Now, think about other items in your bathroom. Observe the curvature and smoothness of the sink, the patterns within the tiles, and the flooring beneath your feet. In fact, if you think of items throughout your home, such as furniture, appliances, and artwork, they too began in the mind of a designer. The things surrounding you are part of your personal outer space – your universe – bound together by design.

You, as the Jedi Knight, have collected experiences represented by these particular items which are styled, colored, scented, and shaped for your environment. The packaging and products you use, utensils, drinking cups, and plates, are extensions of someone else’s influences, training, emotions, and thoughts. Everything you interact with that contributes to your life is design.

Design holds our world together, but good design gives your world greater potential. Writer and Designer Debbie Millman, host of the Design Observer podcast, Design Matters, recently gave a talk for Creative Mornings. She spoke about The Top 10 Things I Wish I Knew When I Graduated College. Some things she said resonated with me, including:

Design is not about Design.
Design is about a whole bunch of things that ultimately results in design.

We need to have an understanding of anthropology, psychology, economics.
We need to be able to understand, from a cultural anthropological view, why we in the world we are in right now.

If you agree with Ms. Millman, then you believe that, as designers, we have to be part behaviorist, data analyst, and anthropologist. So, if design is about the study of people, then we must connect with each other and be a part of the Force which binds all living things together. Only then can we truly understand others’ needs and desires. Only then can we design for each other.

Think about the people with whom you come in contact – their faith, values, and beliefs. Reflect upon the friendships and acquaintances you form. We influence each other. We connect with each other because we consume similar experiences – the taste of a juicy burger, the sight of brilliant green street signs and flashing amber traffic lights. These are all from designers, engineers, and architects. At the core is creation. Design is all around us.
We can learn about design principles and fundamentals, but when we open our minds, immerse ourselves, interact with people, discover their thoughts and inspirations, and apply those ideas to our own designs, we elevate ourselves and others to a greater creative potential, the Force in the universe.

And…may the Force be with you.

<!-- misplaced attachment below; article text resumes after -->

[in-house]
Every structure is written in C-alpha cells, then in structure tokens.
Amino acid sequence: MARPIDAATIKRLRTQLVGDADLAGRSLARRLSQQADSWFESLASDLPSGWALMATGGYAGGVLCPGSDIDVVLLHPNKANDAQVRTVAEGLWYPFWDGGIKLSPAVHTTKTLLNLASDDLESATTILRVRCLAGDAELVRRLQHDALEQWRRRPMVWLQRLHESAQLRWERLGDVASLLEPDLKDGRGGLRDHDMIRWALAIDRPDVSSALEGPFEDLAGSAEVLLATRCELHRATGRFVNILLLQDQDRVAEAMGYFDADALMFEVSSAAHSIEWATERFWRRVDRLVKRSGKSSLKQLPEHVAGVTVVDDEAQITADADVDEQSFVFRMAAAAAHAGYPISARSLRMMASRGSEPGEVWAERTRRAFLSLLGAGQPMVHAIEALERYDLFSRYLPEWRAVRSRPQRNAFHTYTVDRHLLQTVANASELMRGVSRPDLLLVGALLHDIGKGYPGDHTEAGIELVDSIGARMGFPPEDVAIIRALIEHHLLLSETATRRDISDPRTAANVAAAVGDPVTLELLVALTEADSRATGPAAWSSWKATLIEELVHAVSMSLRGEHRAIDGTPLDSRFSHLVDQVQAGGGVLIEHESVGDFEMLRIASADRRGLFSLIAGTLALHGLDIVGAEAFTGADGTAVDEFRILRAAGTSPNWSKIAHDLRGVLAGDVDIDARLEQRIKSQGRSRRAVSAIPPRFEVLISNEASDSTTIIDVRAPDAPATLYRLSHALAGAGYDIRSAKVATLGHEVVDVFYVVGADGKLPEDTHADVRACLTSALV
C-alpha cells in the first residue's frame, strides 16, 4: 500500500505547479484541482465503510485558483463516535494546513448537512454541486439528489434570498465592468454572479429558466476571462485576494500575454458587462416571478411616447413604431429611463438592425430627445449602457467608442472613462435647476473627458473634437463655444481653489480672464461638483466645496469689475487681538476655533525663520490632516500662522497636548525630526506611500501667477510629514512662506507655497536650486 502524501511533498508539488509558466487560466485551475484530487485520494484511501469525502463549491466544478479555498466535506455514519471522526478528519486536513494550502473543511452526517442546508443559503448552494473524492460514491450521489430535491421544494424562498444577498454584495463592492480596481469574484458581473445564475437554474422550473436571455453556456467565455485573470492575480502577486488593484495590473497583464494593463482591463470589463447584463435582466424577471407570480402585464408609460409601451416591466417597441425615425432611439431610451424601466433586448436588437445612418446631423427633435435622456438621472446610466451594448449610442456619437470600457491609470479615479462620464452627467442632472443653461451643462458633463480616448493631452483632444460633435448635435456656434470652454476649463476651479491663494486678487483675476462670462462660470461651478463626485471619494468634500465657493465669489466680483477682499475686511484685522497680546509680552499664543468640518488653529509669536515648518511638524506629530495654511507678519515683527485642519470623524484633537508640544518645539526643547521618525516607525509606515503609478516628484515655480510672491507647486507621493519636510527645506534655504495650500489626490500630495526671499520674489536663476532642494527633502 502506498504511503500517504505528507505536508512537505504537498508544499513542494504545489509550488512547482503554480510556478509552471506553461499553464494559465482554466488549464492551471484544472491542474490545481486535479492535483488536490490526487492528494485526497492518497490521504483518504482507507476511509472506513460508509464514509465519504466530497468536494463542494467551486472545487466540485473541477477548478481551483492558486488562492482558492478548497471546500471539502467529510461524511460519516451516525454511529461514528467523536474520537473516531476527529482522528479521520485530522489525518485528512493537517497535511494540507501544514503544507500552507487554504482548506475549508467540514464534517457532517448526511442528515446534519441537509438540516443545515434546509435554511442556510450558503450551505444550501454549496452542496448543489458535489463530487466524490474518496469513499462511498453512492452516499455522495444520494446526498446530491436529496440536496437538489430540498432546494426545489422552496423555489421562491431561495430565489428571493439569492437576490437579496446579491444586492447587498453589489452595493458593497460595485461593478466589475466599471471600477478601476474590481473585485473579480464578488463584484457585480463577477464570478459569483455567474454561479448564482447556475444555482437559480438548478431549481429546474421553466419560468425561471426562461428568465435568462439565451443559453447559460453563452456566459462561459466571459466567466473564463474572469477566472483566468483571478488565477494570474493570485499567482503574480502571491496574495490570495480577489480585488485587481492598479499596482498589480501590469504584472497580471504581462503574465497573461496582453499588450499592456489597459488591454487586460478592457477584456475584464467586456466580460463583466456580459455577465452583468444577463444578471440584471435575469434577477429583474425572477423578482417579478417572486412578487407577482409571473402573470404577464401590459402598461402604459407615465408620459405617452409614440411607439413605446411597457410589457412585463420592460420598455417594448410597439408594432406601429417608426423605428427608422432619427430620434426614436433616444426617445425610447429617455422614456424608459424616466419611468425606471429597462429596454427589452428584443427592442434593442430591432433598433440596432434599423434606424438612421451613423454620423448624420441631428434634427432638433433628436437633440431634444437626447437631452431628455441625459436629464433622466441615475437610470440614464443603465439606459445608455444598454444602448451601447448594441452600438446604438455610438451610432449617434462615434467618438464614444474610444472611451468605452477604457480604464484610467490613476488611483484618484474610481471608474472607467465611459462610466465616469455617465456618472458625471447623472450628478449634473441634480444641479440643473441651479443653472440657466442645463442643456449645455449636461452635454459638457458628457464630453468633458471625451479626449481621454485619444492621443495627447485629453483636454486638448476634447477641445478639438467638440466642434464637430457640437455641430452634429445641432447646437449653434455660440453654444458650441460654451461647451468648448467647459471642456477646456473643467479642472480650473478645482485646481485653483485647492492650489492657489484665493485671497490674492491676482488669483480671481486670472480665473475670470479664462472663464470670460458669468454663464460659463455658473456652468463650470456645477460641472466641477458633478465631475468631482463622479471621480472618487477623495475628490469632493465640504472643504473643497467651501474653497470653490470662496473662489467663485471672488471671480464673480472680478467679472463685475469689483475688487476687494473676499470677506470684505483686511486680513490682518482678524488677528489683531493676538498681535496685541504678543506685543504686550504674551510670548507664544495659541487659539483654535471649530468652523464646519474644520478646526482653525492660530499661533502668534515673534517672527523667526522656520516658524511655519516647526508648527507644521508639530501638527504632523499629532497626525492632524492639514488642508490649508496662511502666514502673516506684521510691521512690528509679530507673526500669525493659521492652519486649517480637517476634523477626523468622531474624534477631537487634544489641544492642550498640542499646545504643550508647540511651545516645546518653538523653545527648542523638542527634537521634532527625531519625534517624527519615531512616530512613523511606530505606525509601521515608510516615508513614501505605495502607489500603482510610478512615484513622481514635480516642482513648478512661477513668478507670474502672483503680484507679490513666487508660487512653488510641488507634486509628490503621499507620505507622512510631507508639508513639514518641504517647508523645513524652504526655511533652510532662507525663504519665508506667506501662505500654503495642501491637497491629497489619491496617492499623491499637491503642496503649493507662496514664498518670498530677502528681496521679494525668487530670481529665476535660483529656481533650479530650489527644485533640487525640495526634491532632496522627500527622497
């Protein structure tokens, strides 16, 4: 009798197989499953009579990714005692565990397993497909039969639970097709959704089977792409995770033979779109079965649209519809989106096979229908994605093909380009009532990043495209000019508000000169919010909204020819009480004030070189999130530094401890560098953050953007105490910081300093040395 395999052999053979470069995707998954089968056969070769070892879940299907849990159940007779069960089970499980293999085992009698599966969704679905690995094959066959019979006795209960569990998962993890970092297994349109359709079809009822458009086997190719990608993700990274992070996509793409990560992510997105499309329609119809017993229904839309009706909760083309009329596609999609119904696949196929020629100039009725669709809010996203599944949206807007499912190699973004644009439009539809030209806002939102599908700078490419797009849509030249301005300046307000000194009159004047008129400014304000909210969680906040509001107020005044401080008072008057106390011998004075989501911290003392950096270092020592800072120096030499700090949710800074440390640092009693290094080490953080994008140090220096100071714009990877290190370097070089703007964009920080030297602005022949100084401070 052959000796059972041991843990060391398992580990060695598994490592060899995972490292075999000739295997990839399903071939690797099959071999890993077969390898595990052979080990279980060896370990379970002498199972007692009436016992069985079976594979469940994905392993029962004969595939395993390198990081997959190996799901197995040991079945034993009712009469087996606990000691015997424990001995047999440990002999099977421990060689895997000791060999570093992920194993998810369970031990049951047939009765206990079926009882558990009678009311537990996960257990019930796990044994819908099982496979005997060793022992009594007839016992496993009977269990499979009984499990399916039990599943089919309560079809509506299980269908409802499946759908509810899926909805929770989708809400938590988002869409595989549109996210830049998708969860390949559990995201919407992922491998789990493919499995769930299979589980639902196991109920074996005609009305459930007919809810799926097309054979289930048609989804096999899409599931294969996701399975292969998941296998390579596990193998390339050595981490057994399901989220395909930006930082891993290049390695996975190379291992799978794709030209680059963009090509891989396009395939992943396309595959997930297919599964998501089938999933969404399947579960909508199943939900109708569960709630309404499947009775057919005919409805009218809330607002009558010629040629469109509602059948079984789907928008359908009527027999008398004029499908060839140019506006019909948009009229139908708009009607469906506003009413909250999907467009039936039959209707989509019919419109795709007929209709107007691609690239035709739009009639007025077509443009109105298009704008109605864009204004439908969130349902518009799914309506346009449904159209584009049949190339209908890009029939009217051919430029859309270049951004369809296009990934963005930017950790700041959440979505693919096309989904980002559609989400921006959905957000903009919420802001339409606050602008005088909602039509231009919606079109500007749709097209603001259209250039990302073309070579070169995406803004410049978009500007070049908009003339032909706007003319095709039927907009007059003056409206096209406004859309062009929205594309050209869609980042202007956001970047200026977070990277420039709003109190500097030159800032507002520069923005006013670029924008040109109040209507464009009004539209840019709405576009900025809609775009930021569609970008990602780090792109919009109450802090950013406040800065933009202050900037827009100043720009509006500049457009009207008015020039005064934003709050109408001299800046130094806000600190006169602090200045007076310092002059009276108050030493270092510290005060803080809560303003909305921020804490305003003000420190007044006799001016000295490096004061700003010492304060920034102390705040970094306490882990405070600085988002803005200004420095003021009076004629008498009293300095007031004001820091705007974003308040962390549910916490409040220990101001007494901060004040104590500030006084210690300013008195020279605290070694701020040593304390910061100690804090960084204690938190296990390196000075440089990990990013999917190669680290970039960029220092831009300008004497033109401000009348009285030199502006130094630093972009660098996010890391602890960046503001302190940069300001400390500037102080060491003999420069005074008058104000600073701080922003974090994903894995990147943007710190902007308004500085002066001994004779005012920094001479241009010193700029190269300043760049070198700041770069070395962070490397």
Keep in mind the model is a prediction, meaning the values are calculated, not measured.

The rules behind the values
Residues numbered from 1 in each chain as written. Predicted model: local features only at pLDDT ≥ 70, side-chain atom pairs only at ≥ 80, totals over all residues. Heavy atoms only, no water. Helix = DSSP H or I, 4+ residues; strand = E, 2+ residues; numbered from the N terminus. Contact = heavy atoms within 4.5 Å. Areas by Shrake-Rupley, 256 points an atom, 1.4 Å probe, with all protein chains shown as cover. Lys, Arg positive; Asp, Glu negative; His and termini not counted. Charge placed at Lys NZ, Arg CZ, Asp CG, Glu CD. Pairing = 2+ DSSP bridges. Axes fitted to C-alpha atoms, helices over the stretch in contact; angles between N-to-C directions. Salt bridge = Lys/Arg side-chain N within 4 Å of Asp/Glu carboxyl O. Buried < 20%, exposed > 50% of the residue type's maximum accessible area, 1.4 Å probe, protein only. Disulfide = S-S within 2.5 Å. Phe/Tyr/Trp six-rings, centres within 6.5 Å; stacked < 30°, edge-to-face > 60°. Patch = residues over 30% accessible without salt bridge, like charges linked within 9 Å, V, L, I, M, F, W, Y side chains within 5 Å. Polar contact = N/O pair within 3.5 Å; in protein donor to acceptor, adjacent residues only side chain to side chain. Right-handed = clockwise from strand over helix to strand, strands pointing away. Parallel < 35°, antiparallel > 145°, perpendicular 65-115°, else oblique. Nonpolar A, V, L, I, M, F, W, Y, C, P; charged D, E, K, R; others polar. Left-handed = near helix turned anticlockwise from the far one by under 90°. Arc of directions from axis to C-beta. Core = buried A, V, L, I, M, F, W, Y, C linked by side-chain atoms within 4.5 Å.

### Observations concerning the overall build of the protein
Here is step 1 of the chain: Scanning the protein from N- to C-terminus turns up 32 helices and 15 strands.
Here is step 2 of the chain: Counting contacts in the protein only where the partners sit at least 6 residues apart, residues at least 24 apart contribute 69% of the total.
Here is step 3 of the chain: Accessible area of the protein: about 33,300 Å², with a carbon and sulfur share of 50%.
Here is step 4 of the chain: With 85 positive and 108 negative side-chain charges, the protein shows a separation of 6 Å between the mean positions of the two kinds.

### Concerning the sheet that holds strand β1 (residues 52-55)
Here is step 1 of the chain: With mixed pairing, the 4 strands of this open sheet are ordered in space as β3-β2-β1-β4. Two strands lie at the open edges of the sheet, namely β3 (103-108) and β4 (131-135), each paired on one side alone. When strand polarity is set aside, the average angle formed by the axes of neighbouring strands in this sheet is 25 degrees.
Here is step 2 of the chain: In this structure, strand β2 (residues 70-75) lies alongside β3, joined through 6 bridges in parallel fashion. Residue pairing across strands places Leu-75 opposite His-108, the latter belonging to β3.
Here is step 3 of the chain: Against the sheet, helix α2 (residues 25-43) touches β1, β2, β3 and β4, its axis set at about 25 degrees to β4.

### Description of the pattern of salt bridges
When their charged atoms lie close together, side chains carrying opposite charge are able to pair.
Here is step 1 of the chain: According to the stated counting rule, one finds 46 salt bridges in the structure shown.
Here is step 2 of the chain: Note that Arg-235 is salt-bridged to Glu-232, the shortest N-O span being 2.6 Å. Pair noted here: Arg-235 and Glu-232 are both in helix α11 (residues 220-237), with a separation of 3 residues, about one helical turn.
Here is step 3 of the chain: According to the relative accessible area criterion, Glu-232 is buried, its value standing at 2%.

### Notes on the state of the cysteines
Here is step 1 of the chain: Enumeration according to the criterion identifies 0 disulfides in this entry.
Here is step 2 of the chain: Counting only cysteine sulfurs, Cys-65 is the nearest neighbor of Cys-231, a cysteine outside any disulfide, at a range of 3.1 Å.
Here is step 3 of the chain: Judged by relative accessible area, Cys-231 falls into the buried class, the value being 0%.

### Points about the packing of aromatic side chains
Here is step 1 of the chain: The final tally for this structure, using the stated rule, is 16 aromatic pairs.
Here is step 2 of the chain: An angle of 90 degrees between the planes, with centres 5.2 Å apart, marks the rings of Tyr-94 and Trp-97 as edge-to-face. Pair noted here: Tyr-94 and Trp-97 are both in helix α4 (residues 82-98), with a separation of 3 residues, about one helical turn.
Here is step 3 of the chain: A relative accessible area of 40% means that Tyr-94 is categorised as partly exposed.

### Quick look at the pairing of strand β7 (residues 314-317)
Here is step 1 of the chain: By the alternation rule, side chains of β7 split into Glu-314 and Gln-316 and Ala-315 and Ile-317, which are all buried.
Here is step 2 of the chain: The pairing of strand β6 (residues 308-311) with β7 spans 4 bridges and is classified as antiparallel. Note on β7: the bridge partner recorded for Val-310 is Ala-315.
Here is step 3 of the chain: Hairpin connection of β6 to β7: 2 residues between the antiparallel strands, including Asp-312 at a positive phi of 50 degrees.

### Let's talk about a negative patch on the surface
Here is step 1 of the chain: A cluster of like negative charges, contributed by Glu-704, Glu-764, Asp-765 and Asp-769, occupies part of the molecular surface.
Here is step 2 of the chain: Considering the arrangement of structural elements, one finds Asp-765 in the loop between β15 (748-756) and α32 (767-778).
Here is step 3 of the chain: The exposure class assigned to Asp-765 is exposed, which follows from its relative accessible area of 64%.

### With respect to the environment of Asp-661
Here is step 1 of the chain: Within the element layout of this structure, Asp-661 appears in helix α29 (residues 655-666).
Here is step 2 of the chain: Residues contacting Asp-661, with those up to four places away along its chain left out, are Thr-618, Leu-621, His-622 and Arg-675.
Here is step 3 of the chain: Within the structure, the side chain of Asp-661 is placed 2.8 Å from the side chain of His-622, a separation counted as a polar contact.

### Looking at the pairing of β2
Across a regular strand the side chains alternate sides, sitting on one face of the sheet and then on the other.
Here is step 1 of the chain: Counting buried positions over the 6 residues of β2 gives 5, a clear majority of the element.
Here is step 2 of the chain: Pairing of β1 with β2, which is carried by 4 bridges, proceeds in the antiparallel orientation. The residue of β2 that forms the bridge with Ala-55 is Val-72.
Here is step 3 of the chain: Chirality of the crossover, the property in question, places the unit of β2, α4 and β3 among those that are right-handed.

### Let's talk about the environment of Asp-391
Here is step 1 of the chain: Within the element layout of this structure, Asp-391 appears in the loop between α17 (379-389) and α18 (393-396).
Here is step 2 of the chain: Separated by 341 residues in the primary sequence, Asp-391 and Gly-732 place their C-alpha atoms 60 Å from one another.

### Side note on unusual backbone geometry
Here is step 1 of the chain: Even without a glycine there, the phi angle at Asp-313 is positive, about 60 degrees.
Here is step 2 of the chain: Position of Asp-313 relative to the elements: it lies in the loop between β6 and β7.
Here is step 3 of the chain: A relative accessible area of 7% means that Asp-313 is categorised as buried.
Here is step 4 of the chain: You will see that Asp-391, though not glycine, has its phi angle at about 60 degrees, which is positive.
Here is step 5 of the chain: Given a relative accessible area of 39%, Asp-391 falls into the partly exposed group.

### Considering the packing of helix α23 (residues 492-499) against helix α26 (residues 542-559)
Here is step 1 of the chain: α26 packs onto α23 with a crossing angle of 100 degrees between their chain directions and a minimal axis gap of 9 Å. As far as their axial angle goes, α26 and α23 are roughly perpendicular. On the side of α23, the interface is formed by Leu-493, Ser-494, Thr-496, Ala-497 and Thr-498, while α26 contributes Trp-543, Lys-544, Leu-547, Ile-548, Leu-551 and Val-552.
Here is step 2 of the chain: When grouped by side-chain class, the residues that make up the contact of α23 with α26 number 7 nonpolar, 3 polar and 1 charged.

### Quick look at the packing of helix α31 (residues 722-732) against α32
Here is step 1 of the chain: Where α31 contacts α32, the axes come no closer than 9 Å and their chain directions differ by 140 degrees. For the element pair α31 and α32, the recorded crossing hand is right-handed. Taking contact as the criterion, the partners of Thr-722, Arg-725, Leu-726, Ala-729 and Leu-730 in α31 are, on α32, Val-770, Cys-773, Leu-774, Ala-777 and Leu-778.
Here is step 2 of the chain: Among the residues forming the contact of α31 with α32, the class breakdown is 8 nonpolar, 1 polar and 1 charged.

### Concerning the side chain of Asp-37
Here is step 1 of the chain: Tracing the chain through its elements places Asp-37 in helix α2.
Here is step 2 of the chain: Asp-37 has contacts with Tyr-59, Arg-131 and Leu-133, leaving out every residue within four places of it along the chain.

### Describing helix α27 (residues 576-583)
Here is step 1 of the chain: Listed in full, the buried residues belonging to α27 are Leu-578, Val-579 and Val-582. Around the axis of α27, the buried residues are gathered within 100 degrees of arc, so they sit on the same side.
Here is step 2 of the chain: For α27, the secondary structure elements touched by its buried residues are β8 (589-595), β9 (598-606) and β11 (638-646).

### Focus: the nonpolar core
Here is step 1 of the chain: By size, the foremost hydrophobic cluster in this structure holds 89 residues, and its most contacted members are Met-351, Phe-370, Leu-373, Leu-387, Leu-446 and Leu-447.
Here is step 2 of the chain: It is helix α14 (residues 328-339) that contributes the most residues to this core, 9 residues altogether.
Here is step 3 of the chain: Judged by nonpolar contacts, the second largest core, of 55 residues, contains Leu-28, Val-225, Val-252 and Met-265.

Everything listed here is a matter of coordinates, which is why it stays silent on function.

DT

Unanticipated First Year Business Costs

Recently, Praxis Creative has marked its first year in business. Although Year One has had trying moments,  it also has had great moments.

What have I learned this year?

Being a business owner and entrepreneur is hard work. There are so many things you THINK you know and understand, but you don’t. You encounter the unexpected: unanticipated costs and situations, personality issues, and odd team dynamics.

Unanticipated Costs and Situations:

Liability insurance. If you’re bidding on a contract, liability insurance is most likely a necessity. How much coverage should you get? Will you need both professional and general liability insurance? Well, if you’re leasing an office space, you’ll have to cover not only your business but your landlord’s too.

The high price of data plans for your business is another unexpected cost. Internet data and phone plans can be expensive. You’ll need routers and network security. These are business items that you more likely take for granted if you used to work for another corporation.

A fax number. Who the hell still uses fax machines? Well, plenty of people and companies do. If you want to conduct business with local, state, or federal governments, it’s required that you have the capability to fax documents.

Keeping your business cards in stock is a necessity too. You never know when or where you’ll meet a potential client. As long as you’re in business, you’ll continuously have this cost.

Networking. You’ll have to network as if your life depends upon it. It’s so important to interact with other business owners and entrepreneurs. You never know who is in a position to help you or if you can provide a service to them. In addition, you’ll need to develop a networking budget that includes costs for events, conferences, travel, and promotional items such as brochures and post cards.

Having a lawyer on retainer requires money and more money. It’s smart business to have a lawyer on call, especially if you need advice when drawing up contracts with your customers and business partners. Plus, other issues may arise. For instance, if some partners decide to leave (as in our situation), you’ll need to reallocate shares and update the company’s articles. So, even if you’re not looking forward to paying the monthly legal fee, it’s a relief to have a professional on call.

Personality Issues and Odd Team Dynamics:

In our situation, losing partners meant missing out on affordable (or free) skilled labor, that now becomes costly. Of course, freelance contractors need to be paid for their production, and remaining partners bear an increased financial responsibility when it comes to investor contributions toward other costs, such as the rent and data plan.

When it comes to networking, you may find that some team members may not be so outgoing and sociable while interacting with other business owners. Or, you may discover that others are not as enthused when it comes to tackling tasks such as proposal development and admin work. As a result, you could find yourself shouldering a bit more of the responsibility than originally anticipated.

Regardless of these unexpected situations, it’s necessary to remain focused on the BIG PICTURE. One of the most important things that I learned during this first year is to remain committed and dedicated. Success will not come easily or quickly. As a new business owner and entrepreneur, you have to do EVERYTHING! Answering phones, social media postings, blog updates, production, marketing, promotions, documentation, and research. You have to stay focused because things will seem difficult at first and, sometimes, you’ll feel so discouraged you’ll want to scream.

Instead, you have to buckle down and focus. Believe in yourself. Even when some people around you lose faith and give up. You choose to stay the course.

DT